Zim Says: Very good match. This was one which I had fantasy booked when I first found out about these shows because of how smooth both guys can be in the ring with the right opponents, and low and behold, it worked. I don't think the TV Title is quite at the level ROH promotes it as, but I appreciate their effort to build it and Lethal has certainly been delivering quality performances.
Michael Elgin was out first, followed by the ace of NJPW Hiroshi Tanahashi. Red Shoes back in for this one.
8. Michael Elgin vs. Hiroshi Tanahashi. The commentators put over Tanahashi's match with Roderick Strong from Wednesday's show, which is indeed an absolute must-see match. Tanahashi came off the middle rope with a springboard crossbody for the first significant offense of the match just shy of the two-minute mark. Tanahashi dropped the rope and sent Elgin to ringside. Elgin dragged Tanahashi out of the ring, but Tanahashi reversed a whip and sent Elgin crashing into the barricade.
Back in the ring, Elgin caught Tanahashi coming through the ropes and hit a flipping legdop to the back of the head. Elgin did about a 30-second delayed vertical suplex before settling into a chinlock. The crowd let out with dueling chants as Tanahashi avoided a seated splash from Elgin off a sunset roll reversal. Elgin used a Northern Lights suplex for a quick two-count and took control from there.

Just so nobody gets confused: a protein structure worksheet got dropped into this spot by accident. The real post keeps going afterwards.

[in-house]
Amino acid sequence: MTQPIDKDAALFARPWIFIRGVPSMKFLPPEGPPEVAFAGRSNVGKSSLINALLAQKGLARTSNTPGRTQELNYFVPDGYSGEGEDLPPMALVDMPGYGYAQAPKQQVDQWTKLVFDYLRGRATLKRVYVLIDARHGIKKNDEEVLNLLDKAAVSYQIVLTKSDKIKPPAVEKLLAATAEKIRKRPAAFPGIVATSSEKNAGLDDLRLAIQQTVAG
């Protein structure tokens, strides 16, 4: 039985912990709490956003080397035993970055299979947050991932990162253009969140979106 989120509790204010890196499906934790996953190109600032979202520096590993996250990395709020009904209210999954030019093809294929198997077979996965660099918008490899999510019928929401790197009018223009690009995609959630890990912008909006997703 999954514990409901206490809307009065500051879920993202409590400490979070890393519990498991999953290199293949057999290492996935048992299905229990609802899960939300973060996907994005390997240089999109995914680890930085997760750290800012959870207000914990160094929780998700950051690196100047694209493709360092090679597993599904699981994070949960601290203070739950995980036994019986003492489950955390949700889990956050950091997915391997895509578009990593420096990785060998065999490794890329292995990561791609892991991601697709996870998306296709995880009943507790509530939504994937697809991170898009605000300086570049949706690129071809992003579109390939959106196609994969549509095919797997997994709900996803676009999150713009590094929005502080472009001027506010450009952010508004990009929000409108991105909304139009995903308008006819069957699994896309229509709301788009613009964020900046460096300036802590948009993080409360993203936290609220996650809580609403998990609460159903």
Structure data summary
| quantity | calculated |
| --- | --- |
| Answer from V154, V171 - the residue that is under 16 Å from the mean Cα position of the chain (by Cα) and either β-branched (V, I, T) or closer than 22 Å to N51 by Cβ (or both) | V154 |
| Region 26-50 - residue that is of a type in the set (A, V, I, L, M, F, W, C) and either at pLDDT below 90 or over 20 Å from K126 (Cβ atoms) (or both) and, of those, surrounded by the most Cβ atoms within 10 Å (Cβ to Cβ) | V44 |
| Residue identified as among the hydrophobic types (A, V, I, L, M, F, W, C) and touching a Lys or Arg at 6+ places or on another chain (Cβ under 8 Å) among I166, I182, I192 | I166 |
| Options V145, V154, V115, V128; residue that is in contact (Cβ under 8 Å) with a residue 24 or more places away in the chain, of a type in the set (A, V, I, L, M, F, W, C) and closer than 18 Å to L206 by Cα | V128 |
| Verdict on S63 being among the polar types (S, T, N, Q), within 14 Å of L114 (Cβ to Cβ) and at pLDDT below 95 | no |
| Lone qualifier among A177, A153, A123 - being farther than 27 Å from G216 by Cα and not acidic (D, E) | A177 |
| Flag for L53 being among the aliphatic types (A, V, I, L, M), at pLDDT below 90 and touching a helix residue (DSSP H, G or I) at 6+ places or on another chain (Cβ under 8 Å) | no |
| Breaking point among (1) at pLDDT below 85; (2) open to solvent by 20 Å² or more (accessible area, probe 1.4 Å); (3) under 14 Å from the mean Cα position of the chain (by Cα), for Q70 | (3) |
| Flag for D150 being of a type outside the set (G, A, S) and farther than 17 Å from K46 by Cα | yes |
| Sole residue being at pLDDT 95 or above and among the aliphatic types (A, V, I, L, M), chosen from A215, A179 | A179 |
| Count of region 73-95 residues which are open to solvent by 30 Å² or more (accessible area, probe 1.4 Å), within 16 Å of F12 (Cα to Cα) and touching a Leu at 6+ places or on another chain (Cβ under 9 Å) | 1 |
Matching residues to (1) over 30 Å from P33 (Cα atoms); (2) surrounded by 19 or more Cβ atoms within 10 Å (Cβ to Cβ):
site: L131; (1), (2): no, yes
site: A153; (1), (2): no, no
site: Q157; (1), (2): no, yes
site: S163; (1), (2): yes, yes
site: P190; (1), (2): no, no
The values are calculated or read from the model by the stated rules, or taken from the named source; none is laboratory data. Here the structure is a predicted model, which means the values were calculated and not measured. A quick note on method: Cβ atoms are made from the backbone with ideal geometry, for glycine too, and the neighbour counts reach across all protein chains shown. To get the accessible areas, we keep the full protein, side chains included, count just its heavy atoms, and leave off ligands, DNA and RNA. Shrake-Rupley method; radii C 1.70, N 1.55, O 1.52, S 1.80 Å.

Tanahashi fought back a short time later with a big flying forearm and a flipping senton off the middle rope for a two-count. Elgin deflected a lariat and rocked Tanahashi with an enziguri before planting him with a deadlift German suplex for a near-fall. Elgin looked for a powerbomb, but Tanahashi fought out with his trademark dragon screw legwhip. He went up top for a standing High Fly Flow, but Elgin rolled through and then cleaned Tanahashi's clock with a series of elbow strikes.
Elgin set up for a powerbomb on the ring apron, but Tanahashi fought out only to get swept and eat a face full of apron. A short time later, Tanahashi managed to drop Elgin to ringside and then went from the top rope all the way to the floor with a huge standing High Fly Flow. Back in the ring, Elgin avoided a High Fly Flow and the two men collided into a double-down.
They worked back to their feet trading forearms with the crowd behind Tanahashi. Elgin no-sold a Slingblade attempt and did an O'Connor roll into a double stomp to the back of Tanahashi. Elgin looked to follow up with a lariat, but Tanahashi caught him and hit an arm-trap German for a near-fall. Tanahashi came off the top with the High Fly Flow to Elgin's back and looked for one to his sternum, but Elgin got both knees up and Tanahashi crashed.
Elgin hit a huge lariat and then connected with the bucklebomb, but Tanahashi spring off with the Slingblade. Tanahashi went back up top and came down with the High Fly Flow for the pinfall.